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Other People's Children: Cultural Conflict in the Classroom

4.08  ·  Rating Details ·  2,603 Ratings  ·  162 Reviews
Winner of an American Educational Studies Association Critics’ Choice Award and Choice Magazine’s Outstanding Academic Book Award, and voted one of Teacher Magazine’s “great books,” Other People’s Children has sold over 150,000 copies since its original hardcover publication. This anniversary paperback edition features a new introduction by Delpit as well as new framing es ...more
Paperback, 223 pages
Published August 1st 2006 by The New Press (first published March 1st 1995)
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Dec 11, 2008 Toriamae rated it it was amazing
I wasn't sure how I would feel about this book when I first started reading it. It seemed the author was way into race issues in a way that would make me feel guilty as a white woman who has chosen to work with ethnic and linguistic minority communities.

But Delpit's message is not one of hate or hopelessness. The bottom line is that everyone can learn, bias exists and that thoughtful teachers should go to whatever means necessary to educate their students, teaching them to be successful in main
Dec 17, 2013 Joey rated it did not like it
I despised this book. It's a bitter, vitriolic, insensitive, racist, unsourced, and highly paranoid attack on liberal white educators. The book is literally a practice in reverse prejudice. Incredibly, Delpit's argument is one I agree with: that students should be taught Standard English (as opposed to African American Vernacular English) because the gatekeepers who are likely to decide students' futures (such as employers, interviewers, college admissions boards, and the like) tend to hold ...more
May 06, 2010 Janae rated it really liked it
Shelves: janae-s
This is an excellent book to read if you're White and teaching in an urban school (or if you're Black and are searching for validation for beliefs that have met opposition). Here are some quotes/tidbits to give the gist of the book:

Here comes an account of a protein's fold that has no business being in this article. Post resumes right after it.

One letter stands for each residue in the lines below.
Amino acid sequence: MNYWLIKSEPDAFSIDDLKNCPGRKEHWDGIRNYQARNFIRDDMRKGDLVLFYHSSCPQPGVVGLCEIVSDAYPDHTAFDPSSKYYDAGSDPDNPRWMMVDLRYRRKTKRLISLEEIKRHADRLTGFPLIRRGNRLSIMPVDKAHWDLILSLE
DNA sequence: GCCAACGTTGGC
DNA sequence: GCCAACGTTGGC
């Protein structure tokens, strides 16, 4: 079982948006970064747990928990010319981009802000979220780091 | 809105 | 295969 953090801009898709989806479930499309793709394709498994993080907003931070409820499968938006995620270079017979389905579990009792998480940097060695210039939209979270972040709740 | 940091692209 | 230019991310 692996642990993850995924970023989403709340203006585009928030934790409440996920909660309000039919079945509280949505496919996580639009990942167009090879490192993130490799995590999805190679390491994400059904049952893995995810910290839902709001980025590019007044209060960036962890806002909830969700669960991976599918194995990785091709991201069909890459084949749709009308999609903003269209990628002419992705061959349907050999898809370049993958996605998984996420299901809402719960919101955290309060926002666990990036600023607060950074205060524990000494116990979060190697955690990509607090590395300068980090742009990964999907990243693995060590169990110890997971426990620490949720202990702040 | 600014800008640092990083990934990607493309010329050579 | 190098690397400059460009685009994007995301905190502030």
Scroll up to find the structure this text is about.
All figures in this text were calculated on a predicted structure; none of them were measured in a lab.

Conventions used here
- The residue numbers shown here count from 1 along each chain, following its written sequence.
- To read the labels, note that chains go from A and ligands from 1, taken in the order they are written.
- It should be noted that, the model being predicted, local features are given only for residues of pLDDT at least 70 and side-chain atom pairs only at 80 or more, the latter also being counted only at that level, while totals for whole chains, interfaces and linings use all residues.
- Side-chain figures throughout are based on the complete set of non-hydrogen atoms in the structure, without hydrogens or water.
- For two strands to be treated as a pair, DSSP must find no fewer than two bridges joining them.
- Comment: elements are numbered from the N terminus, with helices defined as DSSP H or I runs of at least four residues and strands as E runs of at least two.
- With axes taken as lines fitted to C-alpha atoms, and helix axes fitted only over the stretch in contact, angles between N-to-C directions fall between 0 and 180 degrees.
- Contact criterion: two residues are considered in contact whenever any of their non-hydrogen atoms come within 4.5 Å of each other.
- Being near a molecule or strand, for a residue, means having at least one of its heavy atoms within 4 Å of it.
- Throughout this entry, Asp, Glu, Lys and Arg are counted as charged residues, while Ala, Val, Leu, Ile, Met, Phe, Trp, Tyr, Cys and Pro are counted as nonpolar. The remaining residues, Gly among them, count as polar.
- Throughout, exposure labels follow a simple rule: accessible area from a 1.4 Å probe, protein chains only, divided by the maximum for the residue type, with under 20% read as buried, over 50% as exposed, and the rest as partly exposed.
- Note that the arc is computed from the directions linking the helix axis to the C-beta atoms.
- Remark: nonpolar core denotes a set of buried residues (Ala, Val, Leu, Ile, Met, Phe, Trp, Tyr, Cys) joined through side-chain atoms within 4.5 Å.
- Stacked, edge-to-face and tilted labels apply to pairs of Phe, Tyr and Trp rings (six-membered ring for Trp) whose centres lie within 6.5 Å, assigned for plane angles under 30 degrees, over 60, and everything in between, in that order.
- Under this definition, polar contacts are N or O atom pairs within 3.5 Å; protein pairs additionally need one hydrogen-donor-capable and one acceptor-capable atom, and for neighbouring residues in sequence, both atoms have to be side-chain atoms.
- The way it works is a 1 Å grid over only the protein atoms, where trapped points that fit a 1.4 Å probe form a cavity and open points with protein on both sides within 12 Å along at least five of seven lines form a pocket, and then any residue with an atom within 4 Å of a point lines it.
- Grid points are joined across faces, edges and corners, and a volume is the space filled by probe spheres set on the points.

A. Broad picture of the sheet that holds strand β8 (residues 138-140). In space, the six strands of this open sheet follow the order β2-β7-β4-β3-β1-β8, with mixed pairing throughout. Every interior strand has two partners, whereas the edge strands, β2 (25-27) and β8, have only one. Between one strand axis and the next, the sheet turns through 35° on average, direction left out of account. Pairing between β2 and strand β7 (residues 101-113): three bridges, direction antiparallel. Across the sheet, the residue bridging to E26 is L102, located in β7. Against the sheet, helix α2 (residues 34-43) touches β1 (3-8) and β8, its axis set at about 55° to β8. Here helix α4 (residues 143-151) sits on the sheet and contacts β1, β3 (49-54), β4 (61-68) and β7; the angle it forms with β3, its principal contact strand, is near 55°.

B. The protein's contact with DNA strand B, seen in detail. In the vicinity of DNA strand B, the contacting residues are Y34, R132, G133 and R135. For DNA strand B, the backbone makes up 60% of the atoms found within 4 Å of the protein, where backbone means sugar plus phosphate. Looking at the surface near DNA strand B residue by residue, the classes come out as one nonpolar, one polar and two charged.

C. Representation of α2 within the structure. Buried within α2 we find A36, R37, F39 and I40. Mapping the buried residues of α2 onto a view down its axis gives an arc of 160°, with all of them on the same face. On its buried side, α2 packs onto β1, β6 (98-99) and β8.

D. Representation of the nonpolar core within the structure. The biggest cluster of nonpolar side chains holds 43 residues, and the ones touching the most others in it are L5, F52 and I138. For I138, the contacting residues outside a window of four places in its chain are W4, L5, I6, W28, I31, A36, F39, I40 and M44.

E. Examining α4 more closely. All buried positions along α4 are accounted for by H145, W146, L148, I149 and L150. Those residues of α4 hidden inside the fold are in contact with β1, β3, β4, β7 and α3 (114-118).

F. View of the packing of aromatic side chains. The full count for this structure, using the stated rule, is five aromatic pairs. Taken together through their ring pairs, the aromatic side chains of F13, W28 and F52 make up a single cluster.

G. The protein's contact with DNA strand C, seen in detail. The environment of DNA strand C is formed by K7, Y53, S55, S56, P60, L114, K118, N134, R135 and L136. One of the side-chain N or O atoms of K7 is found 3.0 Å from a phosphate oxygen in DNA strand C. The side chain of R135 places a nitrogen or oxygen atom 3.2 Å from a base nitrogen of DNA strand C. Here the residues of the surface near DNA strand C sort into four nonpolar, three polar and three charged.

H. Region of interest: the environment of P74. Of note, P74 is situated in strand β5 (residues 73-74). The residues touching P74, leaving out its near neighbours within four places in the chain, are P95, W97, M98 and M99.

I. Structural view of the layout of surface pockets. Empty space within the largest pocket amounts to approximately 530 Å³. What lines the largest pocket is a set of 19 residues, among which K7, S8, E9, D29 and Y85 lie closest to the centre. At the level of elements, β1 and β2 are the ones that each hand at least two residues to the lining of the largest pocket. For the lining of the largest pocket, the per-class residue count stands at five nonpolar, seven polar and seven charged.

In response to whether or not students should be taught Standard English, many parents share these sentiments: "My kids know how to be black - you all teach them how to be successful in the white mans' world."

"Teachers do students no service to suggest, even implici
Aug 02, 2012 Nancy rated it it was ok  ·  review of another edition
This would never be a book that I would consider recommending for gaining deeper insights into teaching children of color. I hoped to feel I had an edge to share with my teachers in dealing with and teaching children who come from culturally diverse backgrounds. Instead, I felt scolded and preached to and was unconvinced that even the author has ideas of how to best help, teach and reach our disadvantaged minorities. I concur with her last essay, that we need to value and celebrate the heritage ...more
Abbi Dion
Mar 14, 2013 Abbi Dion rated it it was amazing
Focused, honest, insightful and challenging. I took the time to type a few standout moments:
We have given up the rich meaningful education of our children in favor of narrow, decontextualized, meaningless procedures that leave unopened hearts, unformed character, and unchallenged minds. xiv
The reductionism spawned has created settings in which teachers and students are treated as nonthinking objects to be manipulated and “managed.” xv
Were we focused on our children as inheritors of the future, p
Aug 02, 2012 Christina rated it it was amazing  ·  review of another edition
An eye-opener. A collection of essays by Delpit and others looking at the classroom from the minority (minority in many senses) perspectives.

Through tales of Native Alaskan tribes, urban blacks, and minority student teachers, Delpit reminds teachers, parents, administrators, and students themselves about diverse upbringings and differences in linguistic cultural traditions that can easily be misunderstood in a school environment that is run by and which teaches the (white, professional) culture
Feb 09, 2013 Crystal rated it really liked it
Shelves: professional
Some things of note from this book:

"That, I believe, is what we need to bring to our schools: experiences that are so full of the wonder of life, so full of connectedness, so embedded in the context of our communities, so brilliant in the insights that we develop and the analysis that we devise, that all of us, teachers and students alike, can learn to live lives that leave us truly satisfied." p104

What can teachers do? p 163-165

1. Acknowledge and validate students' home language without using i
Daniel S
“We all carry worlds in our heads, and those worlds are decidedly different. We educators set out to teach, but how can we reach the worlds of others when we don’t even know that they exist? Indeed, many of us don’t even realize that our own worlds exist only in our heads and in the cultural institutions we have built to support them.” [p.xxiv]

“understanding other worlds, journeys that involved learning to see, albeit dimly, through the haze of my cultural lenses. In that blurred view, I have co